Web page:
Chapter 24 by Katherine V.W. Stone, which alone constitutes this volume’s seventh and final part, looks to ‘The Future of Labor and Employment Law’. After reviewing changes in the nature of American employment relationships over the past few decades, including developments discussed in earlier chapters of this volume, this final chapter offers a prediction about ‘A Labor Law for the Digital Era: The Future of Labor and Employment Law in the United States’.

Reading this volume’s literature reviews

Each chapter’s literature review is an extended essay (9,000 to 15,000 words) which will introduce the reader to the issues addressed in the chapter. Consistent with the heterogeneity of the topics (and authors) included in this volume, the literature reviews are not structured identically. Generally speaking, each chapter begins with an introduction that describes the critical issues in that topic area. The literature addressing these issues is described and alternative theoretical approaches presented and contrasted. A discussion of differences between the American and European regulatory frameworks (and perhaps others) may also be included along with the p. xxixauthor’s own critical reflections on competing theories and comparative practices. A review of available empirical evidence typically follows along with a conclusion. Often, the chapters include useful tables, graphs and other figures illustrating the materials explored in the various sections.

Understanding the literature reviews should not require formal training in economics, econometrics or statistics, although the literature reviews will be valuable to those who have such training. The authors have endeavored to write accessible chapters that collect the leading theoretical arguments and empirical evidence without glossing over important subtleties. Non-economists and non-lawyers should not need a translator to benefit from this volume.

Using this volume’s bibliographies

This volume is not intended to be the last word on the economics of labor and employment law. Rather, the literature reviews are guidebooks to the subjects considered. The bibliographies are road maps accompanying these guidebooks that will direct readers both to the chapter’s source materials and to a far larger body of relevant references than the authors could directly cite in their texts. Some of these references address the particular topic of the chapter. Still others provide background in law, sociology, labor economics, philosophy, political theory, or other fields that will help the reader understand the chapter. Thus, the reader should not be surprised to find that some sources are cited in more than one bibliography.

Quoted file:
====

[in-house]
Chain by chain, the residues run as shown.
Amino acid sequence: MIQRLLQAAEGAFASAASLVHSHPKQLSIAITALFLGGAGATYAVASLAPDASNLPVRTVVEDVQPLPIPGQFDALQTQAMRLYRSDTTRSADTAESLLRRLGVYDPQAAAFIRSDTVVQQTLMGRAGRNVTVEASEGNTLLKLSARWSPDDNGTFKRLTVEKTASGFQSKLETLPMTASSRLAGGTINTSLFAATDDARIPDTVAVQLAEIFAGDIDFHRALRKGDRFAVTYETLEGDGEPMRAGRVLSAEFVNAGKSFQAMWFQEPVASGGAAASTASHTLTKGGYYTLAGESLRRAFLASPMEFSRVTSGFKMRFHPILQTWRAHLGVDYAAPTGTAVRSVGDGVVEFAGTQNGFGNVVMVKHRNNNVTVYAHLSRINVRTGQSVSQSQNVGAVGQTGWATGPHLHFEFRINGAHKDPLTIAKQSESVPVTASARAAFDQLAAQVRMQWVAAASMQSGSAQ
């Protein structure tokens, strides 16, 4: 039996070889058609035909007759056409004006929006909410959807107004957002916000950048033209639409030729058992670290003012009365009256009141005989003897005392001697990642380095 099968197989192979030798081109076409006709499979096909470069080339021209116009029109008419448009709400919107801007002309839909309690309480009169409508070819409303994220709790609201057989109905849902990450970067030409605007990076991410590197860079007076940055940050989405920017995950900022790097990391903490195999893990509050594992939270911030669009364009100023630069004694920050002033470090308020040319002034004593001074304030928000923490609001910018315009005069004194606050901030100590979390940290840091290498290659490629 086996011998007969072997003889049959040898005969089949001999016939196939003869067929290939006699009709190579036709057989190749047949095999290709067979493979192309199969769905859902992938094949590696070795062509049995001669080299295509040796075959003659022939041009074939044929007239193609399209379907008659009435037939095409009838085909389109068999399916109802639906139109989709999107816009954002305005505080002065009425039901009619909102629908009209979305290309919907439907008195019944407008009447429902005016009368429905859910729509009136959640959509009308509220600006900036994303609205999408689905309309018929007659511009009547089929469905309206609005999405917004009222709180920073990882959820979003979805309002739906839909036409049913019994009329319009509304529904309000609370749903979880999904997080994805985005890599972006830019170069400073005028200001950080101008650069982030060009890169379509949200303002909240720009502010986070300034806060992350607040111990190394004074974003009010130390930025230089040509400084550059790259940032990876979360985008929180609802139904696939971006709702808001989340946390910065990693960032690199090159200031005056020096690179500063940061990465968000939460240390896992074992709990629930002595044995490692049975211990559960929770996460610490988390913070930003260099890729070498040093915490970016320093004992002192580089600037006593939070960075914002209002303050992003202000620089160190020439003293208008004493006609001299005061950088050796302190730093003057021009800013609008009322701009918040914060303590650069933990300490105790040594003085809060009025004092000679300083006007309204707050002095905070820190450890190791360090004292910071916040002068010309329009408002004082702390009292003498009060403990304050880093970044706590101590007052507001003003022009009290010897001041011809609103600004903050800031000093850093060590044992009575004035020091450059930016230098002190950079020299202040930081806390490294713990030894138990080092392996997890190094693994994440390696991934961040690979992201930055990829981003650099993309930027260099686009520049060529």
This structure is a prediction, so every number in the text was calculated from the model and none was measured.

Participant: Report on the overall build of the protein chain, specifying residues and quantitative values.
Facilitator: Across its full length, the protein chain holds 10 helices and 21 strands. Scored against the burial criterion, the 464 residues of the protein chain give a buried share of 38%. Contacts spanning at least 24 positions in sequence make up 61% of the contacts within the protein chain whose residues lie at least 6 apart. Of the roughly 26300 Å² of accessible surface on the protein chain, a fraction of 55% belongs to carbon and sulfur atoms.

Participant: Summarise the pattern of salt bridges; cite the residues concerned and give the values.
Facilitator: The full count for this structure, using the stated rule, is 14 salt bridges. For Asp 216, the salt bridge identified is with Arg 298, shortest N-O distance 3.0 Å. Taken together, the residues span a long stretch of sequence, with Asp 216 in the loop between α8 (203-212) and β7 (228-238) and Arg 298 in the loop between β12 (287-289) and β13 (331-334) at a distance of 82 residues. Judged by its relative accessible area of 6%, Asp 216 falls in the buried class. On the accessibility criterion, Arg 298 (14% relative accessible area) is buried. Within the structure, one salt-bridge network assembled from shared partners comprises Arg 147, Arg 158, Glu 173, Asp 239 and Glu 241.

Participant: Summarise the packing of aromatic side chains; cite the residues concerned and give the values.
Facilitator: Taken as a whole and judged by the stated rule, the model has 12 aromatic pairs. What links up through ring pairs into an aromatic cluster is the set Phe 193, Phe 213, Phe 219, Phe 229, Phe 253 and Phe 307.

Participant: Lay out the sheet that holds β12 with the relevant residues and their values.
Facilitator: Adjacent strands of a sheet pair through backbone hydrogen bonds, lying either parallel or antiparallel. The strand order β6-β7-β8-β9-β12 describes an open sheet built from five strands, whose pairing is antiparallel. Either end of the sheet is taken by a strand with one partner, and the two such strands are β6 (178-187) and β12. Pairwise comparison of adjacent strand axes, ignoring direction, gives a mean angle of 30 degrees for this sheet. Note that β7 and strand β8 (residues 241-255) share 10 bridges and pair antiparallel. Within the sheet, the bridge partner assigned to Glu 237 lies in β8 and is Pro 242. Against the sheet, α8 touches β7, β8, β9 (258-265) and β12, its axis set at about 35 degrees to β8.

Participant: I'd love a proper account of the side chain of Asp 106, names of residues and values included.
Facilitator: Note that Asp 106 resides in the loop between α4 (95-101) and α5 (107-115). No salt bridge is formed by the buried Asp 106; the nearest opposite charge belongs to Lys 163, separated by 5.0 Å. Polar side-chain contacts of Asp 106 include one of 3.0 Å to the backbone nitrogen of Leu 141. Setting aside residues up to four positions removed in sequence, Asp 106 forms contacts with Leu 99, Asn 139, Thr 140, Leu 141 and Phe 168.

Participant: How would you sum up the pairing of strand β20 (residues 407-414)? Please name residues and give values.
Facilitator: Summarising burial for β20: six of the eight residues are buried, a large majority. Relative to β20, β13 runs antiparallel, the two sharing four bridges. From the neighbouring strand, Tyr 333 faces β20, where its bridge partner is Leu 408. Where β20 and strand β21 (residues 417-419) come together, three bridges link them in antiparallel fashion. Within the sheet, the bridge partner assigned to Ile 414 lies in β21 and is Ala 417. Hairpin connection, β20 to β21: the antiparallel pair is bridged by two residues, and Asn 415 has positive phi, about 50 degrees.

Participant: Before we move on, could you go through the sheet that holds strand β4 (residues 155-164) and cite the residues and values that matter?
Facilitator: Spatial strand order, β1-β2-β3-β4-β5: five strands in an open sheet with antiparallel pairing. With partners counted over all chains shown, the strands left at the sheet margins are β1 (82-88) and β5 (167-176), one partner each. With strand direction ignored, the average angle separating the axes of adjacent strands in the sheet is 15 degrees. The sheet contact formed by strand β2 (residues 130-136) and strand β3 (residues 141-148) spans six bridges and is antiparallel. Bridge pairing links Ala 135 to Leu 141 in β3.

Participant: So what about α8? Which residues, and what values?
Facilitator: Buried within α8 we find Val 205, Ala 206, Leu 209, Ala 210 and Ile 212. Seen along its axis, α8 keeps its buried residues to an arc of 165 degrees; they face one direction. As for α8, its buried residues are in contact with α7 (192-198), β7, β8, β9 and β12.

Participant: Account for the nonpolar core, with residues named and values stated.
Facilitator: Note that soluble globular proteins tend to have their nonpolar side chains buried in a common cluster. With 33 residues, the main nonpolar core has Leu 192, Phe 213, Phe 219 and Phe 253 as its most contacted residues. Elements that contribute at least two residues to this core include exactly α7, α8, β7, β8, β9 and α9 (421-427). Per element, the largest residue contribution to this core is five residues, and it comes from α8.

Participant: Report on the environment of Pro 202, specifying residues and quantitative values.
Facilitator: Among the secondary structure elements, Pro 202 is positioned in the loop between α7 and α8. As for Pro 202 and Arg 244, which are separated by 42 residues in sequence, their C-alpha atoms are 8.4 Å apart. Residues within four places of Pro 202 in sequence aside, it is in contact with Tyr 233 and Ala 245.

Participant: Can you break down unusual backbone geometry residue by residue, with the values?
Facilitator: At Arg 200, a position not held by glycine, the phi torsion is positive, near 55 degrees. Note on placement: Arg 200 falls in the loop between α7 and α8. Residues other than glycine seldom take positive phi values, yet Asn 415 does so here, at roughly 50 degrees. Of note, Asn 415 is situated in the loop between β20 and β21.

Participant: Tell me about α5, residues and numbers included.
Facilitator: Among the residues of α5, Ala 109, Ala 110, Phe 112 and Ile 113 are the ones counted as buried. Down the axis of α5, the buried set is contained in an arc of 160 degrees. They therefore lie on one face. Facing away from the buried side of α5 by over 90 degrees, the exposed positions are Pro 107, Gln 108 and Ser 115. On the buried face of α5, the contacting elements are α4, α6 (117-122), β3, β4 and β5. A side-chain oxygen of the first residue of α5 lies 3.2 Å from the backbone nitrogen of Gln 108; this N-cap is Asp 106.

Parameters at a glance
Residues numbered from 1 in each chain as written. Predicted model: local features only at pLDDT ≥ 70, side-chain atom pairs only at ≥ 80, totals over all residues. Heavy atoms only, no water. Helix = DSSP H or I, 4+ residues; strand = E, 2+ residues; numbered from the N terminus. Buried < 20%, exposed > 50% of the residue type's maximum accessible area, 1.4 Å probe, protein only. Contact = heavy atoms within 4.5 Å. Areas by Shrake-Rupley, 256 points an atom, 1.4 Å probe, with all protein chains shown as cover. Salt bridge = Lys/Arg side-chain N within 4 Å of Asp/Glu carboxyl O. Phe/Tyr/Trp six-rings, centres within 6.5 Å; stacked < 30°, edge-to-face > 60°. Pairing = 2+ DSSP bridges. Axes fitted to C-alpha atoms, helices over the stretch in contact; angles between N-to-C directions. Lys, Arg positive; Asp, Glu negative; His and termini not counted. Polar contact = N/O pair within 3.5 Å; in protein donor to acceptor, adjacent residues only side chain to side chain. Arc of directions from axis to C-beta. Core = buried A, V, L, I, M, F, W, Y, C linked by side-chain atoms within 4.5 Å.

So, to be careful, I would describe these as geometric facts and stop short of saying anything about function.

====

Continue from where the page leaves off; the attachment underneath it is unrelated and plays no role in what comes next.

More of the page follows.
The need for these bibliographies should be obvious to anyone who has attempted research into the economics of labor and employment law. The subjects addressed in this volume have been discussed and debated in scholarly journals in law, economics, sociology, industrial relations, political theory, history, and other disciplines, as well as in books, conference volumes, and anthologies that could be assigned any of these labels. For researchers, this is a pitfall of working in a field defined by its interdisciplinarity. No single index can direct researchers to all, or even most, of the available materials. The goal of these bibliographies is to offer extensive – if not perfectly comprehensive – guidance to readers seeking information, analysis, and evidence beyond that provided by the literature reviews.